In a February 2013 New York Times Magazine profile, Connie said that she nearly got the role of "Dorothy Boyd" in Jerry Maguire (1996). She went through multiple rounds of auditions, but just after she did a screen test with Tom Cruise, she was told that it was down to a choice between her and just one other actress that they had to screen-test: Renée Zellweger (who ended up playing the role).

Personal Quotes (18)

I think that sense of humor is important in marriage. A sense of humor gets people through marriage.
I grew up singing. My mother was a music teacher.
For my birthday this year, my girlfriends - who knew I'd just inherited my dad's turntable - gave me a carton of albums like 'Blue Kentucky Girl,' by Emmylou Harris, and 'Off the Wall,' by Michael Jackson. It's all stuff we grew up with. I mean, you can't have a music collection without Prince's 'Purple Rain' - it just can't be done!
There's something about Southern women that is so unique yet so universal. Strong southern women are allowed to be soft and feminine and have a sense of humor. But what I love about Southern women in particular is their universality.
There are so many women out there who are single moms, really not by choice, and doing it and making it work every day. I think it's becoming much more a part of our culture and I hope that it will become more accepted and that those women are going to be more and more appreciated, respected and supported.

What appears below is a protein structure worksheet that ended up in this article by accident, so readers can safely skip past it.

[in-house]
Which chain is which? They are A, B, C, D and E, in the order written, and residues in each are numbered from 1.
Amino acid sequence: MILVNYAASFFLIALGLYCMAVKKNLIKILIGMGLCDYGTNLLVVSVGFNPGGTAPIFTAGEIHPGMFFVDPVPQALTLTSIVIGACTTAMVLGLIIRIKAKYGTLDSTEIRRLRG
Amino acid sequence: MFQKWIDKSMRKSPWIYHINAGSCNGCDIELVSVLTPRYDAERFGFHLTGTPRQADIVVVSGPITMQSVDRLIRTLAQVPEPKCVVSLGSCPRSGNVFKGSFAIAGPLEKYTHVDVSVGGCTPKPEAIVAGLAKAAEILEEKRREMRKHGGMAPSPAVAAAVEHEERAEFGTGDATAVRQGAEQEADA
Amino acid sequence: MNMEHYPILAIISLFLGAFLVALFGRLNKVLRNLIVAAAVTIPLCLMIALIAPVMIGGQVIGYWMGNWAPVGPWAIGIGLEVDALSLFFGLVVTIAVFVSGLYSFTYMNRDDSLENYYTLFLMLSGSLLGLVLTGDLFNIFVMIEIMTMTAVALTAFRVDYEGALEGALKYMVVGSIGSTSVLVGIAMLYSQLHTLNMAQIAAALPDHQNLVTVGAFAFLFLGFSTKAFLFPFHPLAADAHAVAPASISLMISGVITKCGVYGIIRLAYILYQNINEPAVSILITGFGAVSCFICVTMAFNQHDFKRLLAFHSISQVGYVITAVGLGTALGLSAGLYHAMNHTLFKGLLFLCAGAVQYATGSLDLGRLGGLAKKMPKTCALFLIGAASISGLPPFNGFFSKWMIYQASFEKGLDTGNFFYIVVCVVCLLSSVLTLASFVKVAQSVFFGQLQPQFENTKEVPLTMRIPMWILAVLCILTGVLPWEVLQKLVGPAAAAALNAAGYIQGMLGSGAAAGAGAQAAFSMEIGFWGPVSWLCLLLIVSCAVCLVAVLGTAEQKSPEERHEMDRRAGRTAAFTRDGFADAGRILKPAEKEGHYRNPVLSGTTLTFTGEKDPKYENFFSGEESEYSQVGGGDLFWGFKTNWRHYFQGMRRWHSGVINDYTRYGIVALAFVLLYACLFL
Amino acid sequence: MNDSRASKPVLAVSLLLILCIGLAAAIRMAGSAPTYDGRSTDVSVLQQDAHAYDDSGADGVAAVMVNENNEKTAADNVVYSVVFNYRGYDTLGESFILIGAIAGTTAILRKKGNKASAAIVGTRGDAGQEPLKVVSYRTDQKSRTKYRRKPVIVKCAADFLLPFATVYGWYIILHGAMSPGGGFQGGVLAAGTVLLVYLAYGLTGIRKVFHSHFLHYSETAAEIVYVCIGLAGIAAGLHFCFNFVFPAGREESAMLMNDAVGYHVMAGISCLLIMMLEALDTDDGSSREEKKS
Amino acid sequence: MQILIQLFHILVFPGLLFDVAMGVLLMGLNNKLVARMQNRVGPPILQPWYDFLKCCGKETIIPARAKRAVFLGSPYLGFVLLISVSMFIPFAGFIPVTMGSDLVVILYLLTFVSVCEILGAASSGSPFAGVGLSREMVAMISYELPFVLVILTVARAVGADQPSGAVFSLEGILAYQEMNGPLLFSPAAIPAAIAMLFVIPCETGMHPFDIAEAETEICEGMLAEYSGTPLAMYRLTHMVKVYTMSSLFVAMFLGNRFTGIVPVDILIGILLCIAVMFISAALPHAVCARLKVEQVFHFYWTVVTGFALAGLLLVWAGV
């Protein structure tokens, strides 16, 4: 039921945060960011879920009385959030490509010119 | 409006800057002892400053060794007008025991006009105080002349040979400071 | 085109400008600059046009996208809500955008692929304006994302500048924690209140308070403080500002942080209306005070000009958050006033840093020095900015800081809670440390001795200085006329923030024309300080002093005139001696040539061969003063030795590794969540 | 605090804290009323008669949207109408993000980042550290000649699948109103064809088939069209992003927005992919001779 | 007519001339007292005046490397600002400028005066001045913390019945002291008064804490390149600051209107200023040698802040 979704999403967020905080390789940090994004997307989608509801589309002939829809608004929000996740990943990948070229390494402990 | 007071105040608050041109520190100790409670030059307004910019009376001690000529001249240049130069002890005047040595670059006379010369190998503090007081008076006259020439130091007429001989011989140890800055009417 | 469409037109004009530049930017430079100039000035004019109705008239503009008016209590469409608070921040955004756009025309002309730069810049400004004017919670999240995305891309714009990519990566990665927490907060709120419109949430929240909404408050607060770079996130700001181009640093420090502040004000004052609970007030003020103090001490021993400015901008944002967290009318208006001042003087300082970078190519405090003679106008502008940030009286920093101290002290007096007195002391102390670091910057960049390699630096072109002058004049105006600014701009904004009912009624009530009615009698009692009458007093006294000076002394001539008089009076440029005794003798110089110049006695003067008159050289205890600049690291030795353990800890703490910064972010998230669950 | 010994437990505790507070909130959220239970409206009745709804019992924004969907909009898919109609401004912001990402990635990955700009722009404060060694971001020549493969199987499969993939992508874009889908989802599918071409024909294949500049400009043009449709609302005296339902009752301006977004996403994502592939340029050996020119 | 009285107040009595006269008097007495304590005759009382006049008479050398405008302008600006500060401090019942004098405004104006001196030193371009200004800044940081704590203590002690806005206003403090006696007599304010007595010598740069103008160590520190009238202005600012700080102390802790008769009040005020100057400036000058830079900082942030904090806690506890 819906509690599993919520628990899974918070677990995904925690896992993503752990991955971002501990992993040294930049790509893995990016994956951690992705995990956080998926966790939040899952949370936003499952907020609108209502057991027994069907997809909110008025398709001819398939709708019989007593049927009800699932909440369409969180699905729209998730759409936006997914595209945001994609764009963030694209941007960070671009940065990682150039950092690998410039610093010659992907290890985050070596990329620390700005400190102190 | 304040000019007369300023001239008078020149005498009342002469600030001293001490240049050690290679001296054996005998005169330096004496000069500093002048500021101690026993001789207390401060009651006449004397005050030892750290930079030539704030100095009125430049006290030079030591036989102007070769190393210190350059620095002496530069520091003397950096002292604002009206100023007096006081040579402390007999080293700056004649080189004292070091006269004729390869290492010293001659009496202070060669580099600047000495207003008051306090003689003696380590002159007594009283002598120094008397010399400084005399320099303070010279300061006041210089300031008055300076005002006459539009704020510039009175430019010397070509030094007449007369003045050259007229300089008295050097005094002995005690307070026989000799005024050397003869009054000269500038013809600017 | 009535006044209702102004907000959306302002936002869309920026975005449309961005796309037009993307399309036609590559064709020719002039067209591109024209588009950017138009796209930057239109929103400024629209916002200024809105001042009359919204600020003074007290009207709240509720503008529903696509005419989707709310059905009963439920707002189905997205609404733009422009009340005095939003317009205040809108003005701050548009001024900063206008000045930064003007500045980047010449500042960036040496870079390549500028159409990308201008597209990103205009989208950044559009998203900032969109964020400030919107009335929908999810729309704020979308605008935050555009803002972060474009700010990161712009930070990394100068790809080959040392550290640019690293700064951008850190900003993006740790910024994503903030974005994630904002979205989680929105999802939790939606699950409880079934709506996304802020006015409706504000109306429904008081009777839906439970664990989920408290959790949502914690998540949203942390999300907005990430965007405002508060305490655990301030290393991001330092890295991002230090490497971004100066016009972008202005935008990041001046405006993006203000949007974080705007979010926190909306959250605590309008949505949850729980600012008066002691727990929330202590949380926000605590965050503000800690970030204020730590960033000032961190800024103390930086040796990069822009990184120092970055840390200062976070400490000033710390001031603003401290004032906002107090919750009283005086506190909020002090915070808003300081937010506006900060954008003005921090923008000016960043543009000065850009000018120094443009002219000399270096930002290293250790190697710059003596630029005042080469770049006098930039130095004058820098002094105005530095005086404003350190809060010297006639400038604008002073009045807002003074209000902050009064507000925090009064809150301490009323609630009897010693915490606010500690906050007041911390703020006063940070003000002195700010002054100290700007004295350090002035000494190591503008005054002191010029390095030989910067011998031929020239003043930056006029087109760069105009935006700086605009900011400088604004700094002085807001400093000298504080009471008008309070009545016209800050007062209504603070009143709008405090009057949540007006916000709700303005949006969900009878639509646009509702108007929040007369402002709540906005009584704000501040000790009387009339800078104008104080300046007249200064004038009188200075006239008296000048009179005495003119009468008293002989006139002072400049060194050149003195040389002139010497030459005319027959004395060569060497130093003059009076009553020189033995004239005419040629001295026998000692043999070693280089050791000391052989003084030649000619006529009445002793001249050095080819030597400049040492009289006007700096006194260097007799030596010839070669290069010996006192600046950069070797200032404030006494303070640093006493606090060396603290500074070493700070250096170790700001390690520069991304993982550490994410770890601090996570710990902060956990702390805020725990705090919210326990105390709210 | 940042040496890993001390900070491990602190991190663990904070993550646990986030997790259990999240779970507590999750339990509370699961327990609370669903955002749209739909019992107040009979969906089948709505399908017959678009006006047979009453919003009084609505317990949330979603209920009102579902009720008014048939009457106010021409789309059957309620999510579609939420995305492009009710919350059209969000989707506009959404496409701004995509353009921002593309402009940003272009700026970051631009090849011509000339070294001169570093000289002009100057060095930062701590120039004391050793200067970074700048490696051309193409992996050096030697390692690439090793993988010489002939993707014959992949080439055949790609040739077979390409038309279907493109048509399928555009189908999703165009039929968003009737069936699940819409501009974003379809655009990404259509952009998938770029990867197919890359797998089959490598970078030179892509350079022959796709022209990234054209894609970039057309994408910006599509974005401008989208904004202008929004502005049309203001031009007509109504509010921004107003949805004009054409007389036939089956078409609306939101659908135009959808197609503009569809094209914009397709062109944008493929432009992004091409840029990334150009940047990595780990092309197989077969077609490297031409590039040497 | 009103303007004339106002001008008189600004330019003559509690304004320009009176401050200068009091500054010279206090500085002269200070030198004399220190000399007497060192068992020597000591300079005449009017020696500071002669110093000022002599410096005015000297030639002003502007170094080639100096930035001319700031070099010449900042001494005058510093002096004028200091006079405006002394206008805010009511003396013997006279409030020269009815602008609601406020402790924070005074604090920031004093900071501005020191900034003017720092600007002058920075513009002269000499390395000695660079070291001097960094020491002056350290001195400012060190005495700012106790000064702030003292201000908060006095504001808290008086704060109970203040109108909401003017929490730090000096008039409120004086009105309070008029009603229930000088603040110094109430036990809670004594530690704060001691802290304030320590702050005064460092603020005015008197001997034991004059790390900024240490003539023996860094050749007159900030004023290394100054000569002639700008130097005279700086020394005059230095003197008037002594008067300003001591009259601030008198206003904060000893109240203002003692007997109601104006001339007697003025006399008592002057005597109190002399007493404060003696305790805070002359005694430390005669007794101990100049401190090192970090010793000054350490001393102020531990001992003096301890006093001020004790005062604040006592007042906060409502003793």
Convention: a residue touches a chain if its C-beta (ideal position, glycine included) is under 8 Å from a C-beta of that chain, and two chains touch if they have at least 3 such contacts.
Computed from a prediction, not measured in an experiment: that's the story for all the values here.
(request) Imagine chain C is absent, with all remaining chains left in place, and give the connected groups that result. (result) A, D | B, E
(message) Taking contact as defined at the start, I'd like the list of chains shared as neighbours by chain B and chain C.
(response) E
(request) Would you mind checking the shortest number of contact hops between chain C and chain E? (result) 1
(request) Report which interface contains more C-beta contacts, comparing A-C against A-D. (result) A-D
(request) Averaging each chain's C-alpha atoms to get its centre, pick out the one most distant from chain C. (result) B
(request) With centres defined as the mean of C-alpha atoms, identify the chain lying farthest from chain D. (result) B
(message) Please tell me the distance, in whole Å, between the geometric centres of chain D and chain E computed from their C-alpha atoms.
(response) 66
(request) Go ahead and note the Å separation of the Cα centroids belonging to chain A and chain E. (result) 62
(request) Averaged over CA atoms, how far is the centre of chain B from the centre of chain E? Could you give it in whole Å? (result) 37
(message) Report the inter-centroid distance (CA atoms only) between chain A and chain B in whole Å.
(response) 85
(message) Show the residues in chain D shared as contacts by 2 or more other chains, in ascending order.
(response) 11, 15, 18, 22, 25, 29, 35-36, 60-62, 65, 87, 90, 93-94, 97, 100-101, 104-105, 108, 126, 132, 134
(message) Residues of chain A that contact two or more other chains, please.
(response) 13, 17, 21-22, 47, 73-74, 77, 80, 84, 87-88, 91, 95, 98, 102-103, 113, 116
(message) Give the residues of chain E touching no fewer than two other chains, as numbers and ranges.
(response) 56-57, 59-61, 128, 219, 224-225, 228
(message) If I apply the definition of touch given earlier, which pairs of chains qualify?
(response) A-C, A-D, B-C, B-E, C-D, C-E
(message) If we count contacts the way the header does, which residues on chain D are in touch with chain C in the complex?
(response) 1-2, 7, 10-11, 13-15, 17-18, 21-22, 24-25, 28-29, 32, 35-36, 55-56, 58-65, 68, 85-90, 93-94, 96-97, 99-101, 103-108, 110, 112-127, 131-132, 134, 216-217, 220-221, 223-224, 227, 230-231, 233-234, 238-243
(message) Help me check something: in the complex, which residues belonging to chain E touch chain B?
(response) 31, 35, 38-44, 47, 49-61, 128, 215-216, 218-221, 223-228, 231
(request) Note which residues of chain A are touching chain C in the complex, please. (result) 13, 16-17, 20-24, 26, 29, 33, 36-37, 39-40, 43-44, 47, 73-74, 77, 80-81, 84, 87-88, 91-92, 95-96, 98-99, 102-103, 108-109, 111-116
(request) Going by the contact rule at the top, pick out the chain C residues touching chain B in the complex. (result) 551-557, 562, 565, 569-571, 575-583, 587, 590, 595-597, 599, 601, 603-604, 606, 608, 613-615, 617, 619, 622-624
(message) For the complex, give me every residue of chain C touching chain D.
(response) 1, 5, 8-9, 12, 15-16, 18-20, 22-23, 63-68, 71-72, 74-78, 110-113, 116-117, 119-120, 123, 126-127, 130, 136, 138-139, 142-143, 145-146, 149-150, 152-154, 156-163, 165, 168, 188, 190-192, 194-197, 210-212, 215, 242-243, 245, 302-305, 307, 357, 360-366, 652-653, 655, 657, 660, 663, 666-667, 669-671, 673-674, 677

I think the most important thing about the Emmys stuff is just to enjoy it. It can get really stressful in weird ways, and I have definitely experienced that. This year, I really just want to have it be a fun celebration!
Divorce is hard. I was about 29 when my husband and I split up. I think we probably fared better than most, because we were young and didn't have kids - but divorce is hard.
A definite highlight was doing 'The Brothers McMullen.' Shooting that movie was such a joy - and then we wound up winning the Sundance Film Festival. That big-break moment is visceral. It happens once in a decade, maybe once in a lifetime.